Ok, so I’ve moved to an entirely new place and away from the old familiar surroundings. Germany is the new place, Canada was the old.
While I am settling into the new reality and feel quite comfortable adjusting there are a few things that don’t come quite so easy even if they are rather normal things like … oh, say coffee for instance. I can’t find a cup to my liking anywhere and am beginning to wonder what it is that I’m wanting.
Here is a freeform list of things I find interesting to get used to:
Garbage: The Germans take their Garbage seriously as they do most things and it is sorted at home. Plastics and metal cans in one clear yellow bag, regular kitchen waste in a green bag or a blue bag. If your garbage can is full up before pickup day you can purchase an expensive garbage bag at the local city hall for 3.90 Euros making those some of the most expensive plastic bags I’ve ever come across. Paper is also handled separately and you can either sign up and pay for a paper only garbage can that is emptied regularly or you can take your own paper waste to a recycling depot somewhere in a village near you. Glass is also dealt with by the customer either by returning bottles to the store and inserting them into a vending machine that accepts the bottles and then prints up a little ticket with your refund which you can use against new purchases at the store. I like the way plastic bottles are dealt with in some of these vending machines, in goes the bottle, it is scanned for acceptability and then when it is conveyed into the bowels of the machine you hear a crunching, shredding sound et voila … no space robbing storage issues.
Coffee: Seems most of the roasts available here are either light and mild or dark espresso with crema. No French roast, Verona, Komodo, or other roasts that I’ve been accustomed to in the coffee nerd centers of the North American west coast regions. To be fair, I have not yet succumbed to the lure of the lone single Starbucks I know of in the larger city of Basel to the south of me or in Freiburg to my right (wen I face west). I have also noted that much of the coffee making is done by machines with humans pushing buttons and using ‘pads’ instead of the drip method which I prefer. Ok, that is how I like my cafeine/water combination.
Store hours: Difficult when one is in a hurry. Most notable when in a rush around mid day when lots of shops close for an hour or more. Damn you 24 hour lifestyle of the North American continent. That said it goes without saying that pretty much everything (except restaurants) is closed up tight on Sundays. That also means that shopping on Saturday can be a mean feat what with everyone needing to stock up for the weekend.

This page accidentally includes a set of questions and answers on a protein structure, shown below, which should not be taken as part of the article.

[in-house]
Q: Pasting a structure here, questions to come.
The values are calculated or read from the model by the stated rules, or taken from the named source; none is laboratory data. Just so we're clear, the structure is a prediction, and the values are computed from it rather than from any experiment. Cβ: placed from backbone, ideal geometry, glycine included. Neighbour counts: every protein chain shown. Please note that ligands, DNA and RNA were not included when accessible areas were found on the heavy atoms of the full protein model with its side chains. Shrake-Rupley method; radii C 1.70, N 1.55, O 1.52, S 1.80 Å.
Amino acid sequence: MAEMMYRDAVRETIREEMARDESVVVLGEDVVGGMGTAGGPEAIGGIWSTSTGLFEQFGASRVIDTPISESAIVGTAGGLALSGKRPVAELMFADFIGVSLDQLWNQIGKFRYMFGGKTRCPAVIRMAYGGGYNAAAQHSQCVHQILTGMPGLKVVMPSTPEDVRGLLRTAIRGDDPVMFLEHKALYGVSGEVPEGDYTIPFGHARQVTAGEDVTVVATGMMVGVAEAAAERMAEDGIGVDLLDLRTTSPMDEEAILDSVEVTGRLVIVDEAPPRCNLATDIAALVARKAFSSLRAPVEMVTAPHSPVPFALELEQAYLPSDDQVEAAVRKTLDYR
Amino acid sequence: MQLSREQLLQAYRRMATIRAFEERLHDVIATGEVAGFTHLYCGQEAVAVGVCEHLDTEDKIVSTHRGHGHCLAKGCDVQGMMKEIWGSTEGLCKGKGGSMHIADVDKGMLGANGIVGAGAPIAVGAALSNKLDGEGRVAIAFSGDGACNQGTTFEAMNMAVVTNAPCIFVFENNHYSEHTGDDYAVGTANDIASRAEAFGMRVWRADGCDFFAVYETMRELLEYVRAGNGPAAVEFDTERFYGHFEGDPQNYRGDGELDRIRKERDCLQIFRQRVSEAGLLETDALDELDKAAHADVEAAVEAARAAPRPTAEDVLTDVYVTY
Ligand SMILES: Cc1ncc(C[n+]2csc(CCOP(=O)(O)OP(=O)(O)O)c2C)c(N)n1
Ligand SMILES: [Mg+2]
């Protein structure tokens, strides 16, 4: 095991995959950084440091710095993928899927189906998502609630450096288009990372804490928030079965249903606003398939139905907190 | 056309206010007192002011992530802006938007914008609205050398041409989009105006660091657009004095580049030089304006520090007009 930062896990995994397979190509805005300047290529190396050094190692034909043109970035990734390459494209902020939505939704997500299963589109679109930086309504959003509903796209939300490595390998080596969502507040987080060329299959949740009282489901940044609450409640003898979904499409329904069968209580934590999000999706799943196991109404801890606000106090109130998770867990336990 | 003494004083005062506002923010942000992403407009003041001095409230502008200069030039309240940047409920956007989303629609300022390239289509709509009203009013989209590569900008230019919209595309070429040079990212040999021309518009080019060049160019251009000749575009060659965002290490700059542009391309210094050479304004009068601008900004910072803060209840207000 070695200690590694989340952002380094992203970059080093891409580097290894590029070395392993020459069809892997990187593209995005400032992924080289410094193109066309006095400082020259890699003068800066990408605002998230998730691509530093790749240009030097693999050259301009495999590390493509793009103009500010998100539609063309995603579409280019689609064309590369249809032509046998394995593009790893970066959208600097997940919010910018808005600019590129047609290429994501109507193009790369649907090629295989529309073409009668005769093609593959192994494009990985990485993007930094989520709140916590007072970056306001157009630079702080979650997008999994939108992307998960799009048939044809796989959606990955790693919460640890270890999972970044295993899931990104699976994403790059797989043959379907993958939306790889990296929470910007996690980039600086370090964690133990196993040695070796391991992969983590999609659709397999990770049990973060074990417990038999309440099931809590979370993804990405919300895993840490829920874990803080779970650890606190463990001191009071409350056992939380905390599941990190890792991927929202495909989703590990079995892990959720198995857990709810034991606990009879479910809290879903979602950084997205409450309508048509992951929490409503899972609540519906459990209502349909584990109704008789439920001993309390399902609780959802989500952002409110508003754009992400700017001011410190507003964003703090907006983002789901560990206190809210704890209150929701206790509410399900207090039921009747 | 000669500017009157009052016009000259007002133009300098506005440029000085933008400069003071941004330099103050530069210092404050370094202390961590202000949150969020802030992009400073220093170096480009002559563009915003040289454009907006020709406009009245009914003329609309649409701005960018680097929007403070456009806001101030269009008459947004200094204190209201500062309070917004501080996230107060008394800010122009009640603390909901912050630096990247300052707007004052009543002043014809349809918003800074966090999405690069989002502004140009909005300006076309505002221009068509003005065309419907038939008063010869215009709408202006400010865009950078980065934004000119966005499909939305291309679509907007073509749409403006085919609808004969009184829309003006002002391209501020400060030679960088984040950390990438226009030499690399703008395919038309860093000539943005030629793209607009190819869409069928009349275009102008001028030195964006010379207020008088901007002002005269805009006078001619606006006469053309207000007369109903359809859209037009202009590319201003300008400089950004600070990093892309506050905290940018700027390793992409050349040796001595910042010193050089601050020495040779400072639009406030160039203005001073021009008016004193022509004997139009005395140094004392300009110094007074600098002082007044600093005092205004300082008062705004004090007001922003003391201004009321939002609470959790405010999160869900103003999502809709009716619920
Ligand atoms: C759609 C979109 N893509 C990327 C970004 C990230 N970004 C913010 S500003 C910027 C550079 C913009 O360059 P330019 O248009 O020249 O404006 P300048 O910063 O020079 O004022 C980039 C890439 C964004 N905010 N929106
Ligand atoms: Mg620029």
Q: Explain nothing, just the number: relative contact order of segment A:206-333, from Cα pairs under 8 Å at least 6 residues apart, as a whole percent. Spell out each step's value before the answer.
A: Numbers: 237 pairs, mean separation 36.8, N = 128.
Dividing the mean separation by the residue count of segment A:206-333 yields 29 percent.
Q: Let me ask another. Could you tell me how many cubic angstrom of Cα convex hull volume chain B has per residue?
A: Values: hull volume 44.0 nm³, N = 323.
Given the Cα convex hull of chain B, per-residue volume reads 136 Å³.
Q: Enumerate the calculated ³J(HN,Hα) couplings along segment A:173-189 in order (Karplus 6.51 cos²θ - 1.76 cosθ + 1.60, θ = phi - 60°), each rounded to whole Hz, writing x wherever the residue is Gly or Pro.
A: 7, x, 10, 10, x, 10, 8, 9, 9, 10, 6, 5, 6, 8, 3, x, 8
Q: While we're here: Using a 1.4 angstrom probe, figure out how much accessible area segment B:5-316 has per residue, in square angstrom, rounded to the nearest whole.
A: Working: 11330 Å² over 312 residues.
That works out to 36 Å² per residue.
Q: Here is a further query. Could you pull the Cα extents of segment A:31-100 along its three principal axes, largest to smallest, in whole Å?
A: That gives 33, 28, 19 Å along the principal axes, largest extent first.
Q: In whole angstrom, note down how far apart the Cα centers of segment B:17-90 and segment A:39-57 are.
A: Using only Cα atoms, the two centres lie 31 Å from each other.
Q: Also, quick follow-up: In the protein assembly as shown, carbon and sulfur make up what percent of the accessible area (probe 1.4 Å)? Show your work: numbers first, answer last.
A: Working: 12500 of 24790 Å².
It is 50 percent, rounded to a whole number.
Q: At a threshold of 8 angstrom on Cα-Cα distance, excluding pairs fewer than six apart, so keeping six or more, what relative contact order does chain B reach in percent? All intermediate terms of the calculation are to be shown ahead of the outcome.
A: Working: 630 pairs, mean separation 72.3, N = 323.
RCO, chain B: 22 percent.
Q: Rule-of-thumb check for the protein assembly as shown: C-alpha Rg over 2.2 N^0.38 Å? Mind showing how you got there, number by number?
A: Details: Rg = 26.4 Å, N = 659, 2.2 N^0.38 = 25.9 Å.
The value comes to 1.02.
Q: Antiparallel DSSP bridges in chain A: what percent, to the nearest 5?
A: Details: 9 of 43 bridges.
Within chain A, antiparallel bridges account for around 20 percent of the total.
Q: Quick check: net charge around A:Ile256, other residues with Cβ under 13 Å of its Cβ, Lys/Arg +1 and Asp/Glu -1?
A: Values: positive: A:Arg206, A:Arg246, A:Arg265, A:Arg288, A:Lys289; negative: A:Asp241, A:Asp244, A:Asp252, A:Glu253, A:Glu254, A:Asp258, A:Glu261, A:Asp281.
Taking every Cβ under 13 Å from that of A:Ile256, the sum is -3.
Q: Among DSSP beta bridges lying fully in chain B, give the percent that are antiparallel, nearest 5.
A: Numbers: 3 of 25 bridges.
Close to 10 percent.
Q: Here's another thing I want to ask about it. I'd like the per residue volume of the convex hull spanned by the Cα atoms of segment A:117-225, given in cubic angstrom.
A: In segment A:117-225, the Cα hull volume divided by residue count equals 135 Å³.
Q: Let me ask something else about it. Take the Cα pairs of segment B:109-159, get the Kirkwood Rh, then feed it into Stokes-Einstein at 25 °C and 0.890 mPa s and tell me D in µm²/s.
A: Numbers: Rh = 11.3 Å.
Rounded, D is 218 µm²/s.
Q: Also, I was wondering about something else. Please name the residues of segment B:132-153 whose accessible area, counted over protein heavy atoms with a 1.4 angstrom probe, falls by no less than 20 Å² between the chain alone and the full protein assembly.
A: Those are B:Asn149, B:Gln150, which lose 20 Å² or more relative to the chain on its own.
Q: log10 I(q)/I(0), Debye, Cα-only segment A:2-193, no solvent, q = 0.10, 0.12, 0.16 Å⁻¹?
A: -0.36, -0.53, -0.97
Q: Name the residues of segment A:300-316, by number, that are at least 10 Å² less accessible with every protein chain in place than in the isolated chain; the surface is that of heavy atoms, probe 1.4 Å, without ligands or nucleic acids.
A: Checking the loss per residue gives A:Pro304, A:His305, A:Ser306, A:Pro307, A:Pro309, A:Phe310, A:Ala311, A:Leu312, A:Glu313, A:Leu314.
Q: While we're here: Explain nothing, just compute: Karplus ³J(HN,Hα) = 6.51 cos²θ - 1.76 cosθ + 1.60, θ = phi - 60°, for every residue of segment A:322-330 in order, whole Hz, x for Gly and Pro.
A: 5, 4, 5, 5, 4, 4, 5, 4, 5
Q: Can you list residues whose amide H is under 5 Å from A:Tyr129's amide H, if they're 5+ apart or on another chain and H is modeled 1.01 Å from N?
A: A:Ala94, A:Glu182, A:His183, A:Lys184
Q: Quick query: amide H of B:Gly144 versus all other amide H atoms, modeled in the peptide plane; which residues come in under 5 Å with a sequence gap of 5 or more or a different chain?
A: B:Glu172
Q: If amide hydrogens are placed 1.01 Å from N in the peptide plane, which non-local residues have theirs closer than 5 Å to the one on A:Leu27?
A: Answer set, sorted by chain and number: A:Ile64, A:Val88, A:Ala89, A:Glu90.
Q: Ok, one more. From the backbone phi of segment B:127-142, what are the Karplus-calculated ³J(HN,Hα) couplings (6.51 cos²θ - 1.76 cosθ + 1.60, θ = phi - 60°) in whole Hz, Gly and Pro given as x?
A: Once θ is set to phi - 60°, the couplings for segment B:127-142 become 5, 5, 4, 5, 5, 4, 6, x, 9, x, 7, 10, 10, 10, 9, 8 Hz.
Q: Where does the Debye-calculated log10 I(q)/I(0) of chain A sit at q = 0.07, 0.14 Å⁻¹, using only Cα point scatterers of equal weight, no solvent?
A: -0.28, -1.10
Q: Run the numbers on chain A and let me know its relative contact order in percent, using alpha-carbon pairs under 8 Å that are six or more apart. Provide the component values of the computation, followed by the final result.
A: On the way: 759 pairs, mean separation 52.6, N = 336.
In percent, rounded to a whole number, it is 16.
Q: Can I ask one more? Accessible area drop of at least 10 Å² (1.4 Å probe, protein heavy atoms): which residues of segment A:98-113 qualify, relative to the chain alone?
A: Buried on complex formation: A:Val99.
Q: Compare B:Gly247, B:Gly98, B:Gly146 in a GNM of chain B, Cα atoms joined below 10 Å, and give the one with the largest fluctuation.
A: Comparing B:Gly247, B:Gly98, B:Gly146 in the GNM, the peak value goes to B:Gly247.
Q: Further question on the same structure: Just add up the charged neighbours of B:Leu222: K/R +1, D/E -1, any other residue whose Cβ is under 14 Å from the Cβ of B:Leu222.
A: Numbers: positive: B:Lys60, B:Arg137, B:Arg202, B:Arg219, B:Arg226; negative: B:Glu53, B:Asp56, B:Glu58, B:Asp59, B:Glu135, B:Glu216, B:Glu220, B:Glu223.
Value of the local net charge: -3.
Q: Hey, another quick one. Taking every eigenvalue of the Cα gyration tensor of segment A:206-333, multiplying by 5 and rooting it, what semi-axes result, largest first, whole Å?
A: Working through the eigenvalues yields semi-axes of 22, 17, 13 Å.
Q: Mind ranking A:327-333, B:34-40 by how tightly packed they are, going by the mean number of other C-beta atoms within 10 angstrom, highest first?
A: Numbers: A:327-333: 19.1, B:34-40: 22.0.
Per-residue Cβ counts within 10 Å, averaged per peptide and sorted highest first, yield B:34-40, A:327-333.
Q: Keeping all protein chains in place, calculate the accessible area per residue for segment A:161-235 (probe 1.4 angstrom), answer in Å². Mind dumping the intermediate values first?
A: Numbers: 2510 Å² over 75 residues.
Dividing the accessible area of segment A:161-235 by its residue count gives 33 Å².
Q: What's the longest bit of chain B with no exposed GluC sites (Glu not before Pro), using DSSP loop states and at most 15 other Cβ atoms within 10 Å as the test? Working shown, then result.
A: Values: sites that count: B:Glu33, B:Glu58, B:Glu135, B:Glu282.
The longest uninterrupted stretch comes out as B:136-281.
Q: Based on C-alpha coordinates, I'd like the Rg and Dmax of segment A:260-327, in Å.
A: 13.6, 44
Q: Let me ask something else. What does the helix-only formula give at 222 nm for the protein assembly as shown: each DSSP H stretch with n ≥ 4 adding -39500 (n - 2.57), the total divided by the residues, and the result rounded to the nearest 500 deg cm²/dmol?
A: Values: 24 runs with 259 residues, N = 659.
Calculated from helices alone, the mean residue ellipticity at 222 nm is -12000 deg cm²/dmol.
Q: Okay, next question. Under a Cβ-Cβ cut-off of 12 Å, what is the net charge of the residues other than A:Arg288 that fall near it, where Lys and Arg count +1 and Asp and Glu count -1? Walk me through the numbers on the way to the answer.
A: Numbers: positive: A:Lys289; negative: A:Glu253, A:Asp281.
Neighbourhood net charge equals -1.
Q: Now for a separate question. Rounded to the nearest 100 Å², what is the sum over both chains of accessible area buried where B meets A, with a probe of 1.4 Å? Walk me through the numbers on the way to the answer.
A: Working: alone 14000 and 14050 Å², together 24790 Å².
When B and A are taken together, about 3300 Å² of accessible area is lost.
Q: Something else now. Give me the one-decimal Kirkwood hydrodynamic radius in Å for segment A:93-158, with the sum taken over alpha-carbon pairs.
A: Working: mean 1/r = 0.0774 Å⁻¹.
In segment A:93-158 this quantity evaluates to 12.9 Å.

Alcohol: Pleasant change in attitudes, cheaper prices, larger selection and well … it’s mind boggling at times.
Baked goods: Also pleasant and the selections are also dangerously appealing.
Cheese: Lets just say ‘cheeses’ … way too many to list, try or wrap my head living here were Germany, Switzerland and France touch each other. And Europe being so … small other selections from other countries round out the selection nightmare. I stick to my favorites and try the unknown from time to time.
Meats: Expensive pleasure when indulged if you like your big chunks of red protein for the grill. Sausages abound in nearly endless varieties and game is abundant as well, which is something I’ll try in the near future.
Vegetables: Come from local producers or from Spain instead of Mexico as I have been used to, haha. Much is to be said of the ‘Bio/organic’ movement afoot although it can be suspect in how much organic produce etc can be produced. The area I live in is rural patterned by farm fields and villages and vineyards and this or that organic farm with produce for sale. It is a food lovers paradise to be sure.
Village shop: Yes this village has one, just one. It is not always open but has a selection from magazines to cheese to alcoholic distractions to tide you over until you can get into the next town to do some real shopping.
Hair cutting: Don’t go to the cut and go place, even if you have no other choice. Unless you like having your hair barbered by what appears to be a 12 year old girl who thinks it normal when your hair looks weird after she’s done her thing. I’ve been wearing a hat for a week now and am saving up new hair for a decent cut. I need to find an established Italian or Turkish barber shop or go for the near bald look again.
Bird song: Yup, different birds around these parts too. Ok so the sparrows and swallows and crows are familiar, as are the robins. But the Hawks, buzzards, storks and cranes/herons and pheasants, cookoos and other feathered flying fowl are new and pleasant discoveries.
Driving: Again, another serious engagement. Drive like you mean it. Accelerate rapidly and brake late. And don’t forget, right before left (someone arriving at an indicated intersection from the right always has the right of way, unless you are on a main thoroughfare. It’s ok if you don’t understand because I’m told that the Swiss and the French who frequent these roadways don’t get it either. Hence the ‘brake late and brake hard’ maneuver. Oh, and ATV’s are ok on the road … WTF?!
Look serious: It seems it’s the accepted mean around here. I try to turn that into a smile whenever I can, even if it means the person I smiled at turns after I’ve walked by with a WTF expression on their face, priceless.
Sunday: Is a quiet day, ‘Ruhe Tag’. Today is such a day and I won’t be drilling holes into the wall to hand stuff up. But I’m not sure that I’ve not broken some tabu by cranking up the dishwasher and washing machine before eight this morning …
Summary. When you visit a place everything is new and quaint and interesting and strange and eye opening. When you move to that place it takes a while to slip into the new reality and adapt ones manners to those of the prevailing social norms.
Einen guten Tag noch 🙂